The First Principle – The Story

herBook_3DIt’s day two of the Christian Science Fiction and Fantasy blog tour. We’re reviewing The First Principle, by Marissa Shrock. I received a print copy of The First Principle compliments the publisher.

The Story

The First Principle is Young Adult dystopian science fiction with definite Christian content. Some books claim to be Christian but handle the subject of Christianity loosely, delicately, or subtly. I have no problem with any of these approaches. Just know, Shrock’s book doesn’t tip-toe around it.

Neither does it tip-toe around the subjects of teen pregnancy and abortion. As such, I wouldn’t recommend this book for tweens or younger teens. Nevertheless, I applaud Shrock and the publisher for tackling these two important issues.

The Spirituality

I personally found the Christian themes/elements to be a bit heavy-handed and “in-your-face” at times, and prefer the spiritual aspects of a story to be presented with a bit more finesse, but remember, I’m a forty-year-old woman with three kids, i.e. I’m not the book’s intended audience.

The Characters

Shrock’s characterization often struck me as one-dimensional. For instance, the main character can hack into secure computer networks, but we’re never told where she learned that skill. As it is, her skills as a hacker seem only to serve the plot.

I found Drake to be the most multi-dimensional and, therefore, believable, so for me, he was the highlight of the cast.

The Plot

The First Principle moves from conflict to conflict at a fast clip making it an easy read. Shrock seems to have a good grasp on plotting, and I felt this was an area where she shined.

The Technicalities

The story was very tightly edited, which is more than one can expect these days, even from major publishing houses. I appreciated the author’s and the publisher’s attention to detail in this area.

Overall

I’d give The First Principle three stars. I’d recommend it to older teens.

To find out what others are saying, check out the links below.

Julie Bihn
Thomas Clayton Booher
Beckie Burnham
April Erwin
Victor Gentile
Carol Keen
Shannon McDermott
Meagan @ Blooming with Books
Megan @ Hardcover Feedback
Rebecca LuElla Miller
Joan Nienhuis
Nissa
Jalynn Patterson
Chawna Schroeder
Jessica Thomas

Jessica Thomas graduated summa cum laude with Academic Honors in Writing from Ball State University, receiving a Bachelor of Science in English and completing a Minor in Creative Writing. She began her professional career in marketing at a large Indianapolis law firm. Since transitioning to Information Technology in 2001, she has worked in the pharmaceutical, student loan, and defense financing industries as a computer programmer, systems analyst, Web developer, and technical writer. Of all the jobs she's held, she considers motherhood the most challenging of all. Her dystopian science fiction novel, This Quiet Tyranny, is available on Amazon.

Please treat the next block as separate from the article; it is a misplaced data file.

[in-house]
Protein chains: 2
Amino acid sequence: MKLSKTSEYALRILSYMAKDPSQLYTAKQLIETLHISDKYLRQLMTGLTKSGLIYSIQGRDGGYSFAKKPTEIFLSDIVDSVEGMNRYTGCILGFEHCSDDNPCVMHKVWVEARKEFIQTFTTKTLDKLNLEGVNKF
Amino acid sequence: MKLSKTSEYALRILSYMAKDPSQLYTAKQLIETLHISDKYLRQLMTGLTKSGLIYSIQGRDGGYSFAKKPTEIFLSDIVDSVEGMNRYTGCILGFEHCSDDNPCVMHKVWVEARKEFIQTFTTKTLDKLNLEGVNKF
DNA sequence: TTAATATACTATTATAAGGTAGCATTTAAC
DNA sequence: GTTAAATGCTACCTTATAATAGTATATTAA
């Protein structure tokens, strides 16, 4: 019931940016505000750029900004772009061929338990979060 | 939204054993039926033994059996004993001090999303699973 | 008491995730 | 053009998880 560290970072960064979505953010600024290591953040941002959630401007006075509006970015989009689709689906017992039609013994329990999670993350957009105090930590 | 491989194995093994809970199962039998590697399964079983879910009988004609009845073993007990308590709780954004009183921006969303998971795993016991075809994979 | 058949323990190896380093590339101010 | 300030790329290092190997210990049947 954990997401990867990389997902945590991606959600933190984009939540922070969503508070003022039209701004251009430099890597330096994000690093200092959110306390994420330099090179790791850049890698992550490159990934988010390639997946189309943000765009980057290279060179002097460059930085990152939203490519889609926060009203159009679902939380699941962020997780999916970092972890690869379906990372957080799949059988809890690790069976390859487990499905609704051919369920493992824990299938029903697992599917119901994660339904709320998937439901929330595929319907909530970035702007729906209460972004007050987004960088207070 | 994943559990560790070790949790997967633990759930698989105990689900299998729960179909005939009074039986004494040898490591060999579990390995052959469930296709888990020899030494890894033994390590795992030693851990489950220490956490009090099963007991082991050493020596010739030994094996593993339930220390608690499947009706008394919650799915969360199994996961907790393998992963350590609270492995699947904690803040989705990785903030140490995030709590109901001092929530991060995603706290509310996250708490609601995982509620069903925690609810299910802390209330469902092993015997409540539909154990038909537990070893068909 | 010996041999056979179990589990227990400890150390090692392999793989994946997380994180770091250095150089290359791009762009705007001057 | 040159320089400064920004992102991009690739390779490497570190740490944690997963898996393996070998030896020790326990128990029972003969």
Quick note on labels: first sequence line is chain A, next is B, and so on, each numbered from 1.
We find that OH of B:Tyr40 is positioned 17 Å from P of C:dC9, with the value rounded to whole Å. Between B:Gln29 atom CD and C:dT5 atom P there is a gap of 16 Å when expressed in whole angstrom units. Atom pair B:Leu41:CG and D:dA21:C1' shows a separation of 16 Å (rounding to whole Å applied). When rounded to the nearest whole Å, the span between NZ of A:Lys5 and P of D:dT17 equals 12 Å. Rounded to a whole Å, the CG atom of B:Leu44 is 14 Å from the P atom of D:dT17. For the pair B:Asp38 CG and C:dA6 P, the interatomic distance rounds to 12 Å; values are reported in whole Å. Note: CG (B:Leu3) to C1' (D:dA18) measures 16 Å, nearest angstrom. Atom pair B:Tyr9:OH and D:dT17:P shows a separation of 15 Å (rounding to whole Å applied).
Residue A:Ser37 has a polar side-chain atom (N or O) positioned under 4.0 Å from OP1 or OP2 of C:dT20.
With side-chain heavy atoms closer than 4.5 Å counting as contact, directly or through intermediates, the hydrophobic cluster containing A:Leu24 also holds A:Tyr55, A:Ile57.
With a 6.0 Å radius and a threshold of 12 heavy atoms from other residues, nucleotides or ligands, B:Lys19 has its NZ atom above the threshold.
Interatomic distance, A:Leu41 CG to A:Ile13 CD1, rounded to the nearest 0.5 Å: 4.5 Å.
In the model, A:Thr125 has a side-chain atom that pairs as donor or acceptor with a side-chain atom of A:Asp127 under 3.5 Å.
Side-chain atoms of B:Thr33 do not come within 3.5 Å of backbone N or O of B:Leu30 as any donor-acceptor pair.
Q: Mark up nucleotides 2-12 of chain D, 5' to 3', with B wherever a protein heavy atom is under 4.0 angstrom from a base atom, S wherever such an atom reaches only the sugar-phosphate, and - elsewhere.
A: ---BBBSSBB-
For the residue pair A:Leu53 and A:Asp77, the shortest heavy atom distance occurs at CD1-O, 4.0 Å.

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  • Rebecca LuElla Miller September 22, 2015, 6:48 pm

    Interesting observations, Jessica. I agree that the Christianity was much more centrally positioned in this story than in a lot of books these days. I thought the discussions about Jesus Christ arose fairly naturally in the story. But I do expect that some will label this as “typical” Christian fiction, with the mandatory conversion. I don’t have a problem with this kind of character development, but I think I would have liked to see her grapple a bit more with the decision.

    Still, I thought it was well done. And as it turns out, quite timely, now that abortion is a topic in the public square again.

    Becky

    Reply
  • Julie Bihn September 23, 2015, 3:04 am

    Good review! I agree especially on the tight editing and solid plotting. I didn’t expect to read through this book in a weekend, but it grabbed me.

    Reply

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